Four-run third snaps Mariners' home win streak

Four-run third snaps Mariners' home win streak

Four-run third snaps Mariners' home win streak
SEATTLE -- Blake Beavan was terrific on the mound for five of his six innings on Monday night. Unfortunately, neither he, nor the 16,205 at Safeco Field, could erase the one disastrous inning.

The Mariners offense was unable to bail out Beavan after he allowed four runs in a laborious third inning, as they dropped the opener of a three-game set with the Rays, 4-1. The loss snapped the Mariners' seven-game home win streak and Beavan's personal four-game win streak.

After Beavan retired the first batter of the third, the Rays put together five consecutive hits. The big blow was a crushing two-run homer by B.J. Upton into the upper deck in left that made it 3-0, and the scoring was capped by an RBI double by Ben Zobrist.

Beavan, who needed just 24 pitches to get through the first two innings, threw 43 pitches in the third.

"I think just the pitch to Upton is the only one I'd take back," Beavan said. "The changeup to Zobrist was a pretty good pitch and he just drove it in the gap. Maybe he was just looking for it there, the first one I threw he took. He's a smart hitter, a good hitter and he hit a good pitch. The Upton pitch I think is the one I'd like to take back if I could."

The third proved to be the only trouble Beavan would have through six innings. The right-hander faced just one batter over the minimum in the other five innings, benefiting from a double play and a caught stealing. Five of the eight hits he allowed came in the third, and he didn't walk a batter.

"One, getting through it was big," Mariners manager Eric Wedge said. "That early in the ballgame, the last thing you want to do is get into your bullpen, first game of the series, that early. Then to go back out there, we talked about it because he threw a lot of pitches that inning on whether or not to even send him back out. We were just going to pretty much take it from inning to inning there. He got it pretty good, he got it pretty easy after that."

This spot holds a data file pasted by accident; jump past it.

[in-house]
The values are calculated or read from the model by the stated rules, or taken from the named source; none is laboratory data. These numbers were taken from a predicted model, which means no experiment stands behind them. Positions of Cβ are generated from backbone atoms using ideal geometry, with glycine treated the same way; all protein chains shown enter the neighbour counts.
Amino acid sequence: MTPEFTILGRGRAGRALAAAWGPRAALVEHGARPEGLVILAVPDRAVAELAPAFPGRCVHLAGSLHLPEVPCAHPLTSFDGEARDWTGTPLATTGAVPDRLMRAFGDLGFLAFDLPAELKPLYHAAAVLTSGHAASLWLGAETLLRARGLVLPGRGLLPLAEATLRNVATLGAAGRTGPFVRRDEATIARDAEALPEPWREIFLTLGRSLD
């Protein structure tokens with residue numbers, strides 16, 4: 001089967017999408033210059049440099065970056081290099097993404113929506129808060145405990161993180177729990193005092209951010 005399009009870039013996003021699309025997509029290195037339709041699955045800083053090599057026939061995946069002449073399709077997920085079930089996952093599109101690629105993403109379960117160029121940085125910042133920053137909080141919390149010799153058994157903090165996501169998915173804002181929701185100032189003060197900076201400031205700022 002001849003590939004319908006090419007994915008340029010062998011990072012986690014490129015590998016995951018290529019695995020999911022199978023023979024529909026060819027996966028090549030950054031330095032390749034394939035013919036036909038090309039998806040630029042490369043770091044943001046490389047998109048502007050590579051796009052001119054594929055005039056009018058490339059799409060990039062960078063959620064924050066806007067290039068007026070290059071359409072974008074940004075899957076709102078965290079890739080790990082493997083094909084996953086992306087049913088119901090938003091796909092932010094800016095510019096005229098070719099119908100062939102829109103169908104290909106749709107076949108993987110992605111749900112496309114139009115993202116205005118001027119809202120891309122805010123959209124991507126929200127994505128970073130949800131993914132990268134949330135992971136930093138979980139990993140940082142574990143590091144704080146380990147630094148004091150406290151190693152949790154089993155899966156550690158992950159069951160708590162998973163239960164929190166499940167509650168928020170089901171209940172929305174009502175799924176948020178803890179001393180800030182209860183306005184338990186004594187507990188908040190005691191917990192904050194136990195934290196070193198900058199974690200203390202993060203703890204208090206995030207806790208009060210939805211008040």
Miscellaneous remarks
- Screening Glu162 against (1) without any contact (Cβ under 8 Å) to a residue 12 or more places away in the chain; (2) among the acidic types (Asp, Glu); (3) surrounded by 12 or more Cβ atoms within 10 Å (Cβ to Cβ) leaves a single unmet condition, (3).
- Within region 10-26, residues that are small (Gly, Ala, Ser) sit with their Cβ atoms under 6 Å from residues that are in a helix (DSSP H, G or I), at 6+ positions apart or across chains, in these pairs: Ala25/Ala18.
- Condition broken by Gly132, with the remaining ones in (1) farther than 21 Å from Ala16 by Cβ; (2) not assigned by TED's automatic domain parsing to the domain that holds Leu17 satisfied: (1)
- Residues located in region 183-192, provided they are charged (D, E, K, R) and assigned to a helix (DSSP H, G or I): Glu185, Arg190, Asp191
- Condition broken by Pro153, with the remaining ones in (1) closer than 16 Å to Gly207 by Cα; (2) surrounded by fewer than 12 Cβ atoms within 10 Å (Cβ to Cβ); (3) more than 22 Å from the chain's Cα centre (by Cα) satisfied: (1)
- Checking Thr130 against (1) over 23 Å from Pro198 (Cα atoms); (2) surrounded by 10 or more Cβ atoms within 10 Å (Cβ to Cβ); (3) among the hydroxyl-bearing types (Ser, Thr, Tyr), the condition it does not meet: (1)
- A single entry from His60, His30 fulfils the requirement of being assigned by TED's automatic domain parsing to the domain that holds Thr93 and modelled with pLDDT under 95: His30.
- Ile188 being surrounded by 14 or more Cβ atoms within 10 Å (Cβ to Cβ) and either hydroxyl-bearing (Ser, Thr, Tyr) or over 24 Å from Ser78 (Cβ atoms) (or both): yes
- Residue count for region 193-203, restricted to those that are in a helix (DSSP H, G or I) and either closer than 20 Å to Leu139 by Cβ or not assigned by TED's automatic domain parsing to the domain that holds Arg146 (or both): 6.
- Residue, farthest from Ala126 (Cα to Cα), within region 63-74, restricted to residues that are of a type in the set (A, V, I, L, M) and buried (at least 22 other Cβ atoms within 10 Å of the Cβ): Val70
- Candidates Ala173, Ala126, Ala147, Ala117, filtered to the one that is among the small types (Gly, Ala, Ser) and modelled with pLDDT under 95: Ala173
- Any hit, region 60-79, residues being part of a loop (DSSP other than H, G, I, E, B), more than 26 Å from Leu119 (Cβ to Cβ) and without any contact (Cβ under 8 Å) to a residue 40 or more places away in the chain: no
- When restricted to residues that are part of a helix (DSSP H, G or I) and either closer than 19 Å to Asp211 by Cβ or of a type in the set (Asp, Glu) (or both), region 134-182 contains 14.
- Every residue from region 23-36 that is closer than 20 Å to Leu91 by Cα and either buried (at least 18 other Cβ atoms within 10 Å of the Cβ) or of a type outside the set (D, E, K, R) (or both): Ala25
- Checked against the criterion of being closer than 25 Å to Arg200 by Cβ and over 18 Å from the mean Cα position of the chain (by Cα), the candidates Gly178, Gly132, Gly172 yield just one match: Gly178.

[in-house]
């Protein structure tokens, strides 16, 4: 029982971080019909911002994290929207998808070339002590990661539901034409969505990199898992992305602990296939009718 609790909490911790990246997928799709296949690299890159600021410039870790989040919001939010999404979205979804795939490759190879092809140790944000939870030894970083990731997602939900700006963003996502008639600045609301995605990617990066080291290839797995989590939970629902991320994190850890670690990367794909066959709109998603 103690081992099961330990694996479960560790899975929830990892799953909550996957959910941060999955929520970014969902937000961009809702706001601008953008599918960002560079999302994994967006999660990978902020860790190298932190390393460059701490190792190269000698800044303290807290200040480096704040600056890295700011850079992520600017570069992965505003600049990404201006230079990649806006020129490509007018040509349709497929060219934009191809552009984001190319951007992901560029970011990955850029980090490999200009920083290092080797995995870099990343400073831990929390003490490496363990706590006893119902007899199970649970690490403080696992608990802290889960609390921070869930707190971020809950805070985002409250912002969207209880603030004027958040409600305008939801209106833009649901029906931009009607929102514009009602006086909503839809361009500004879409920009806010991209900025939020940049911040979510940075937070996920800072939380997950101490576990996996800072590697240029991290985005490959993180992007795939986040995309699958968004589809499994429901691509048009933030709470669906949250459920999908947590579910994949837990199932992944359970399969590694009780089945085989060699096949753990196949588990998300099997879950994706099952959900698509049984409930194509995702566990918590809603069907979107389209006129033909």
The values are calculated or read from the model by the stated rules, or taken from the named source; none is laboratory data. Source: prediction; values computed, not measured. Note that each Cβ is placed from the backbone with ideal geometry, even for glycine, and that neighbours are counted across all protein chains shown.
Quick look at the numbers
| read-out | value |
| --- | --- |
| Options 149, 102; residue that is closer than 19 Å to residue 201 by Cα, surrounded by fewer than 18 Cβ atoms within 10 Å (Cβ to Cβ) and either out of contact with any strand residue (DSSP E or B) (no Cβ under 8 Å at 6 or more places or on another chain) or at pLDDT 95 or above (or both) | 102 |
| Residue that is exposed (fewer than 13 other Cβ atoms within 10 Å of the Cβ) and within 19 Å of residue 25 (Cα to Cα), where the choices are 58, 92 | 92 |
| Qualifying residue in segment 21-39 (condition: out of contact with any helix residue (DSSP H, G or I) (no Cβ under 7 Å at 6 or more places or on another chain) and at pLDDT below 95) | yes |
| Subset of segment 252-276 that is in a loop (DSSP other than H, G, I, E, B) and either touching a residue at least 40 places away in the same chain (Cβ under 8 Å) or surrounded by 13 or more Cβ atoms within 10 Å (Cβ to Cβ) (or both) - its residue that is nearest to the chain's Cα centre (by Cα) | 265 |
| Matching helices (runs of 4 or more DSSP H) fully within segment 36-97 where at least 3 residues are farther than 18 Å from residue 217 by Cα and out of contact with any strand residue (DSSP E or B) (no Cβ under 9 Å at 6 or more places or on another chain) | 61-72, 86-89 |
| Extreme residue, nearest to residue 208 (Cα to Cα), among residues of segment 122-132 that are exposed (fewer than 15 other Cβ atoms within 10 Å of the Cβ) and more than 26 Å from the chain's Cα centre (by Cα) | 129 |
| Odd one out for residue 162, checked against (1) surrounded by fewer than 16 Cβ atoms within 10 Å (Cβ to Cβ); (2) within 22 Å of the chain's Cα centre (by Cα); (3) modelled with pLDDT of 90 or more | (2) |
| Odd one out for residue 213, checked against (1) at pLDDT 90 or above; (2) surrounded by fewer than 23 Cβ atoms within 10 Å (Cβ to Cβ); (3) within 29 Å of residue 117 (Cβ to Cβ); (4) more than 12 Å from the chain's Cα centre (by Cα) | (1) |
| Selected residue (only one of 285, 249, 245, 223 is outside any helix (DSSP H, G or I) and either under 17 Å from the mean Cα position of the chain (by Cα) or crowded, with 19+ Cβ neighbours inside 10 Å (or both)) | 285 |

"It was just good for me to bounce back and just do what I should have been doing all game, which is making pitches and executing pitches like I know how to," Beavan said. "Should have been a totally different game if I can just execute a pitch here and there and make a quality pitch instead of just a pitch that was average."

Beavan is now 4-1 with a 4.02 ERA with 24 strikeouts in six starts since being recalled from Triple-A Tacoma. Before he was optioned to Tacoma in mid-June, Beavan was 3-6 with a 7.05 ERA.

Trayvon Robinson showcased his speed and helped the Mariners get on the board in the fifth with a leadoff triple to left-center. Eric Thames followed with a single through the right side on the first pitch he saw to cut the deficit to 4-1.

Any momentum was instantly shut down, however, as Thames was caught ranging too far off first on a ball in the dirt and was picked off. Despite a one-out walk by Chone Figgins, the Mariners couldn't score any more runs in the inning.

It was a frustrating night for the Mariners offense. Outside of the fifth, Seattle was able to produce just three hits -- two of which came off the bat of Kyle Seager -- as Rays starter Alex Cobb shut them down through seven innings of four-hit ball. The combination of Joel Peralta and Fernando Rodney finished the game with an inning apiece.

Even with the offensive struggles, Rays manager Joe Maddon came away impressed.

"They have some interesting people there," Maddon said. "I'm really a big fan of [Jesus] Montero. I like the top of their batting order. I think they're good players. They're really getting interesting."

But impressing the opponent wasn't good enough for a win on Monday, as the Mariners are left to lament the inability to put together an inning to match what the Rays did in the third.

"We were in the ballgame," Wedge said, "but we just never had that inning, we never put that inning together."

Josh Liebeskind is an associate reporter for This story was not subject to the approval of Major League Baseball or its clubs.